Many students may feel overwhelmed by the sudden switch to online instruction.
There are many challenges to learning from home. Here are some strategies and tips that USF Instructional Technology faculty members Sanghoon, PhD and James Hatten, Ph.D. recommend to help you make the transition to online education.
Start setting yourself up for success from the beginning
1. Create a learning environment that is productive
If you want to be productive, it is not a good idea to work on assignments while sitting in a slump and watching Netflix simultaneously. Dr. Hatten is an expert in online learning and teaching. She recommends students pick a place in their home that's quiet and free of distractions.
Dr. Hatten states that the couch is not the best place to be. "Get up and make your home your office.
2. Establish a time frame for reviewing and completing assignments
It is possible to feel high stress when you are working on multiple courses simultaneously. However, this can be avoided by dividing your time between each class. Dr. Hatten shared an example of working on one class from 11 a.m. until 3 p.m. Students can create a structure that is similar to traditional in-person classes.
Dr. Hatten states, "My belief is most people either procrastinate or get too involved that (their computers) won't turn off." Have a time limit.
It's important to set aside time each week to review the assignments for your classes. This will ensure that you don't forget to submit an assignment.
3. Get in touch with your peers via virtual interaction
It is not possible to study with other classmates in the library, or receive on-the-spot clarifications by classmates during this period. You can still maintain that sense of community and collaboration by forming virtual interactions via platforms like GroupMe or Microsoft Teams.
4. To break down tasks, use the 'chunking strategy
Chunking refers to the process of taking large tasks or large amounts of information and breaking it down into smaller pieces. Instead of spending three hours staring at a screen on a computer, Dr. Hatten recommends that students "chunk," their time by following a particular pattern.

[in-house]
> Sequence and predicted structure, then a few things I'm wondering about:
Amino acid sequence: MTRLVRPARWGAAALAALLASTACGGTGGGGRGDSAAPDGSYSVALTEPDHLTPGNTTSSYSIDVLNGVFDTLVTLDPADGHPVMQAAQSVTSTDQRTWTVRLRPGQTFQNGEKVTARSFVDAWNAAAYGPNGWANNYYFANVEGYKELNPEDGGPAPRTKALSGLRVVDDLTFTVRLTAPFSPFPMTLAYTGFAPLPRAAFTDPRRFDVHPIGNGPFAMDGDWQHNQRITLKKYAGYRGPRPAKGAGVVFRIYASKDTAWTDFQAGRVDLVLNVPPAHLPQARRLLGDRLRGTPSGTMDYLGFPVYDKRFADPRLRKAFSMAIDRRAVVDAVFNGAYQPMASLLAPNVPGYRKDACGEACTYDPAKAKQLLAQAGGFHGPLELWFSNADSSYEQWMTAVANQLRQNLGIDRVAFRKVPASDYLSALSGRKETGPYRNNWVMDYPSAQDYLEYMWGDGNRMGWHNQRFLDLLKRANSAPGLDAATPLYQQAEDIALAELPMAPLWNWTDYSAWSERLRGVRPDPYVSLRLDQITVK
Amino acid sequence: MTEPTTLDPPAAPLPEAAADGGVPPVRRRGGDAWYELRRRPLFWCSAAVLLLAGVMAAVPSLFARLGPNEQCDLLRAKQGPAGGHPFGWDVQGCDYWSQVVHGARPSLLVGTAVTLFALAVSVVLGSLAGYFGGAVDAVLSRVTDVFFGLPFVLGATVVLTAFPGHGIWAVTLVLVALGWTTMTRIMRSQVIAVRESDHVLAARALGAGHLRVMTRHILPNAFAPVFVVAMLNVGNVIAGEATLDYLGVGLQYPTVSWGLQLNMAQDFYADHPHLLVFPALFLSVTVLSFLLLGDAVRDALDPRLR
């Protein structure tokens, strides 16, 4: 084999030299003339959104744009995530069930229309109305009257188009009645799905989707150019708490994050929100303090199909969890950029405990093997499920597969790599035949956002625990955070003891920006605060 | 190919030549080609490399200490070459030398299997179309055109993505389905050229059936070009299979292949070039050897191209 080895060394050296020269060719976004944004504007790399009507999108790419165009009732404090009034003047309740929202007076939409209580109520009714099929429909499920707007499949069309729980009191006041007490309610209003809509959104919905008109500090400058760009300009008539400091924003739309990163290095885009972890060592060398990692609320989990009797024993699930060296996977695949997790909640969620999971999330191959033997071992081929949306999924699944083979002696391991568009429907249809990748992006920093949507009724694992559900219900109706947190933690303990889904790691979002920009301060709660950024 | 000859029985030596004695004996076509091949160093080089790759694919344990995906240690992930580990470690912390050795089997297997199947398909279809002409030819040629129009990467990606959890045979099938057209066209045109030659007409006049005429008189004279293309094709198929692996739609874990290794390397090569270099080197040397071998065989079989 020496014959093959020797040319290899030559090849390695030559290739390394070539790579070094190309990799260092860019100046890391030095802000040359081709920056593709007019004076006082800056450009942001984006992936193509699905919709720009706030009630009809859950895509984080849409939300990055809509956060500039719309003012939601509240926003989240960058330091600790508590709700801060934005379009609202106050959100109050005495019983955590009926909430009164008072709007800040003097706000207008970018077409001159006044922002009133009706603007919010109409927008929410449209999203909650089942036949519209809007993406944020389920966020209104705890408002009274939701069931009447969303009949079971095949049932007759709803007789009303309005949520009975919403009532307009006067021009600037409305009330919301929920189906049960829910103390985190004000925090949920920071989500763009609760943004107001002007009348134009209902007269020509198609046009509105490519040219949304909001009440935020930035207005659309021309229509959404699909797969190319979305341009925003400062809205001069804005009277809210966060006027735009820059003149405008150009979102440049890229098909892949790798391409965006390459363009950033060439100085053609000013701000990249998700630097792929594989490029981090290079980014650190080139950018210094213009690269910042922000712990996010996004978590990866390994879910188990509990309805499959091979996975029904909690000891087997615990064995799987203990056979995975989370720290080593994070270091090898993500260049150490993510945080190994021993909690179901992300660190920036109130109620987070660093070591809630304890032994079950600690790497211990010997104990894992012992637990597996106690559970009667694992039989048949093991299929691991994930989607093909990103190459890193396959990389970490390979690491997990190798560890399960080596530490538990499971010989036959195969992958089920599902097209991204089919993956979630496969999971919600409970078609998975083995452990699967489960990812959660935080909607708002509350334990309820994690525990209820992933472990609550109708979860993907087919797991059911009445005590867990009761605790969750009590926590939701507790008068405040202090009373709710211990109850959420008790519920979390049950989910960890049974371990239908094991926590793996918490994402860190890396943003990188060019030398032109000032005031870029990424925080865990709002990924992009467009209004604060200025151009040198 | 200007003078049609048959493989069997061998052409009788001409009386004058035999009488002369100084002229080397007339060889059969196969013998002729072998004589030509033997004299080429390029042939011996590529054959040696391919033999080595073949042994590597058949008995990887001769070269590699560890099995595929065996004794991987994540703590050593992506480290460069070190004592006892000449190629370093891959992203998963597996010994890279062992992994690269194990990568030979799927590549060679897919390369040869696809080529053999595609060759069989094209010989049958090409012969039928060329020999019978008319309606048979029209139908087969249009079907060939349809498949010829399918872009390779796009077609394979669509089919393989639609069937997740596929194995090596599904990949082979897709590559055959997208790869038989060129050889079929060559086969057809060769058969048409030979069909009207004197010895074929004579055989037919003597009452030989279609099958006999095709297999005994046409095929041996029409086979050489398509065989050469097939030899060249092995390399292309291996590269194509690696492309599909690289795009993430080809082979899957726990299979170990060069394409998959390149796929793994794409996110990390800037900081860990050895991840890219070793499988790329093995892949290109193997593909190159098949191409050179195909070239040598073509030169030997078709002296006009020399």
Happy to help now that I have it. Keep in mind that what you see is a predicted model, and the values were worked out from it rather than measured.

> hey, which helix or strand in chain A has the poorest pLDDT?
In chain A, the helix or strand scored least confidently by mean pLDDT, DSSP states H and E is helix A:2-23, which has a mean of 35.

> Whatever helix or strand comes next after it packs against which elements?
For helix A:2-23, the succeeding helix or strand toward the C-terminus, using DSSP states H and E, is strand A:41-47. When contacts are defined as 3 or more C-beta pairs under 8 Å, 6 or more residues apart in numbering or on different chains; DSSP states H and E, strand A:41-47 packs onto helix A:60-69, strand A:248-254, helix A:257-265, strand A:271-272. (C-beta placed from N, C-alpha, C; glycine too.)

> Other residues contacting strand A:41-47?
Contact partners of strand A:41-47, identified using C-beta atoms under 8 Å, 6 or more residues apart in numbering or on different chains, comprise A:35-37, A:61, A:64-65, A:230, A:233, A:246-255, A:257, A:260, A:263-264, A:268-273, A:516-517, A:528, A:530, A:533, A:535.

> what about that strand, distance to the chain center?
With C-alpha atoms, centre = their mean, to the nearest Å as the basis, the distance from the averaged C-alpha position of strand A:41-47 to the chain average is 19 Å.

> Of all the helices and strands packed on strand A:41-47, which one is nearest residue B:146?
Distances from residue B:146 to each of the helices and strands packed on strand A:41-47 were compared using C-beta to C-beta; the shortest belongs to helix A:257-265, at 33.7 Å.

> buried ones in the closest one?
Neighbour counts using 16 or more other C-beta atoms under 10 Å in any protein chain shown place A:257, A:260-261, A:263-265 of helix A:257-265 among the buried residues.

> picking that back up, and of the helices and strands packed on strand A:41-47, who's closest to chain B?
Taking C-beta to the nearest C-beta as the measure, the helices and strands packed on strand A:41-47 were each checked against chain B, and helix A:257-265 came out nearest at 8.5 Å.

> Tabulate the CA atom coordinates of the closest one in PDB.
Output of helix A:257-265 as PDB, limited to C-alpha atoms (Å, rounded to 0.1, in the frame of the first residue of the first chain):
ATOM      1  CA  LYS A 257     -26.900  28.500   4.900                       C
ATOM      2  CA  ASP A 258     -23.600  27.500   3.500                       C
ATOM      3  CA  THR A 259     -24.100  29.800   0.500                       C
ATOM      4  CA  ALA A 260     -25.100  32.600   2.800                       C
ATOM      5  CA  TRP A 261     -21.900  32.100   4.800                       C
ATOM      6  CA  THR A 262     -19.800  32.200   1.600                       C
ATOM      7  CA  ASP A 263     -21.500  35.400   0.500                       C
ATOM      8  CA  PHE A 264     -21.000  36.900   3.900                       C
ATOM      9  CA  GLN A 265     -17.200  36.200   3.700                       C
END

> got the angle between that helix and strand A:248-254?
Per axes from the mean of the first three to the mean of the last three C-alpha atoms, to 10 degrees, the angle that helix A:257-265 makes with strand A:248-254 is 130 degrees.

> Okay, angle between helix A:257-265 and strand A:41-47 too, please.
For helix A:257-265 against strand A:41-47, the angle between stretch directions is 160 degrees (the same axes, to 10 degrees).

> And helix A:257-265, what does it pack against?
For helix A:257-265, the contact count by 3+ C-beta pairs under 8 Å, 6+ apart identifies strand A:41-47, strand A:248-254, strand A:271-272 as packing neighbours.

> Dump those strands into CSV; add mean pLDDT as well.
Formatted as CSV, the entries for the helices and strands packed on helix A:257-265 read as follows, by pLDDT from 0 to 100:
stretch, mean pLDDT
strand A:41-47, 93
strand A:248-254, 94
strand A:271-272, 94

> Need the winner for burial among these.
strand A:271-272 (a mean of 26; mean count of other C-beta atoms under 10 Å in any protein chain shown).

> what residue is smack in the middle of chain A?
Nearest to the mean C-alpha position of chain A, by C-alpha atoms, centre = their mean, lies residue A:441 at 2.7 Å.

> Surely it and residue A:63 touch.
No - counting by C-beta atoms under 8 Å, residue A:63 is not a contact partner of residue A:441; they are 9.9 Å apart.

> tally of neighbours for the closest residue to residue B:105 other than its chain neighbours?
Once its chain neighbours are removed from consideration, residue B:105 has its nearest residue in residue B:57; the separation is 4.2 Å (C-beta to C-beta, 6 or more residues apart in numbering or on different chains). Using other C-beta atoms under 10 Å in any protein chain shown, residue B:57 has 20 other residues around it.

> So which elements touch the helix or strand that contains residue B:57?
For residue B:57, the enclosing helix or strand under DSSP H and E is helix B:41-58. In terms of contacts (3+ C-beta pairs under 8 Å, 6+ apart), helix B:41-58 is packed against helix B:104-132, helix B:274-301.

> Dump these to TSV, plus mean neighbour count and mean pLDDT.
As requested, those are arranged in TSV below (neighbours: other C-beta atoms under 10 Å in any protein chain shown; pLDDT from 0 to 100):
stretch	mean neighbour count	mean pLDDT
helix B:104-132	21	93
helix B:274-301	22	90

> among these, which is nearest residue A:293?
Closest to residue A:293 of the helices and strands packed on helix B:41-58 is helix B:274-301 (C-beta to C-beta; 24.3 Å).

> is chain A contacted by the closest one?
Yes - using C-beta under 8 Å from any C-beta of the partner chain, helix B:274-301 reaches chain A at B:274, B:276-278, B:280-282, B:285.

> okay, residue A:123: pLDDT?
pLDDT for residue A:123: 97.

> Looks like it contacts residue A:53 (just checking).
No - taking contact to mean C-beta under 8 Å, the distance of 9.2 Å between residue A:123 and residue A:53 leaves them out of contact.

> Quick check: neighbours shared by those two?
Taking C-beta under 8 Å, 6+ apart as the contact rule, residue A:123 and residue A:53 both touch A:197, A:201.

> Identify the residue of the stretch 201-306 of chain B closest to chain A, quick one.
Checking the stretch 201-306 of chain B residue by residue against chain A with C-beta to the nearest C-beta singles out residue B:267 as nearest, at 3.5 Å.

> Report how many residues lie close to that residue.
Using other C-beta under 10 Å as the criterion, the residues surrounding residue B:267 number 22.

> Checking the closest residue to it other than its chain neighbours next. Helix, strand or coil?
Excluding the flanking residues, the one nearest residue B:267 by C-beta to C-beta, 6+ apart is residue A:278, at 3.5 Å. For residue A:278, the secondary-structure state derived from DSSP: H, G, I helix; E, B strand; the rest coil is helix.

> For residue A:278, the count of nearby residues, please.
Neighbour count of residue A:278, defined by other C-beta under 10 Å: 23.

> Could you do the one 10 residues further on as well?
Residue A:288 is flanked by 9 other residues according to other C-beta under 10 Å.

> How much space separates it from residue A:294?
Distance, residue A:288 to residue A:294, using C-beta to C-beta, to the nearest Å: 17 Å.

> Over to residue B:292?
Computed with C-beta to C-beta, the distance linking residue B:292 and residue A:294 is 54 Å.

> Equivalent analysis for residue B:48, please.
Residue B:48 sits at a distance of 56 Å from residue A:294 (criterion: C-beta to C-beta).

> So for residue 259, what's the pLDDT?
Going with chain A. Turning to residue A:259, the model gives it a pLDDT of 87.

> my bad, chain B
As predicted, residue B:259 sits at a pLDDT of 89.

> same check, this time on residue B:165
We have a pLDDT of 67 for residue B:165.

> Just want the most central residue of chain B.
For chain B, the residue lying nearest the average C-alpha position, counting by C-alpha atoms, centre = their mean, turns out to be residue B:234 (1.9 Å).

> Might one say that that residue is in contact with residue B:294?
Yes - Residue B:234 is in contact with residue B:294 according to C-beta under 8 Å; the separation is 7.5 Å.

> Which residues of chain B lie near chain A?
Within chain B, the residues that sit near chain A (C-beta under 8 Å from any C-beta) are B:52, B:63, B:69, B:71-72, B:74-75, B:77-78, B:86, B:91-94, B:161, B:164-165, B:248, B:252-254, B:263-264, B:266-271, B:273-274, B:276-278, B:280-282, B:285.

Dr. Hatten states, "Work on one class and then figure out a task. Then reward yourself at the finish." So, I'm saying: Get up, have a cup of coffee, grab a snack, and go for a run, or simply get away for half an hour. Next, go back to the beginning and continue with the next section.
Keep Motivated with These Ways
There are many steps you can take in order to establish a routine and keep your productivity high. However, sometimes you may feel unable to motivate yourself to complete the task at hand. Dr. Park's research focuses on creating motivational interventions for online learners and explains why students might experience this.
He says that online courses are basically a way to learn apart from other students. Motivational problems can arise from feeling isolated from your peers, your instructors and yourself.
Dr. Park advises people to recognize when they are feeling low in motivation and then find the root cause. Here are some strategies that he recommends to students.
5. Increase your interest in the job
Sometimes, a task or assignment may seem tedious. Instead of ignoring it and letting it go, consider how you can make the task or assignment more interesting. This strategy involves using your imagination to modify the work that you turn in.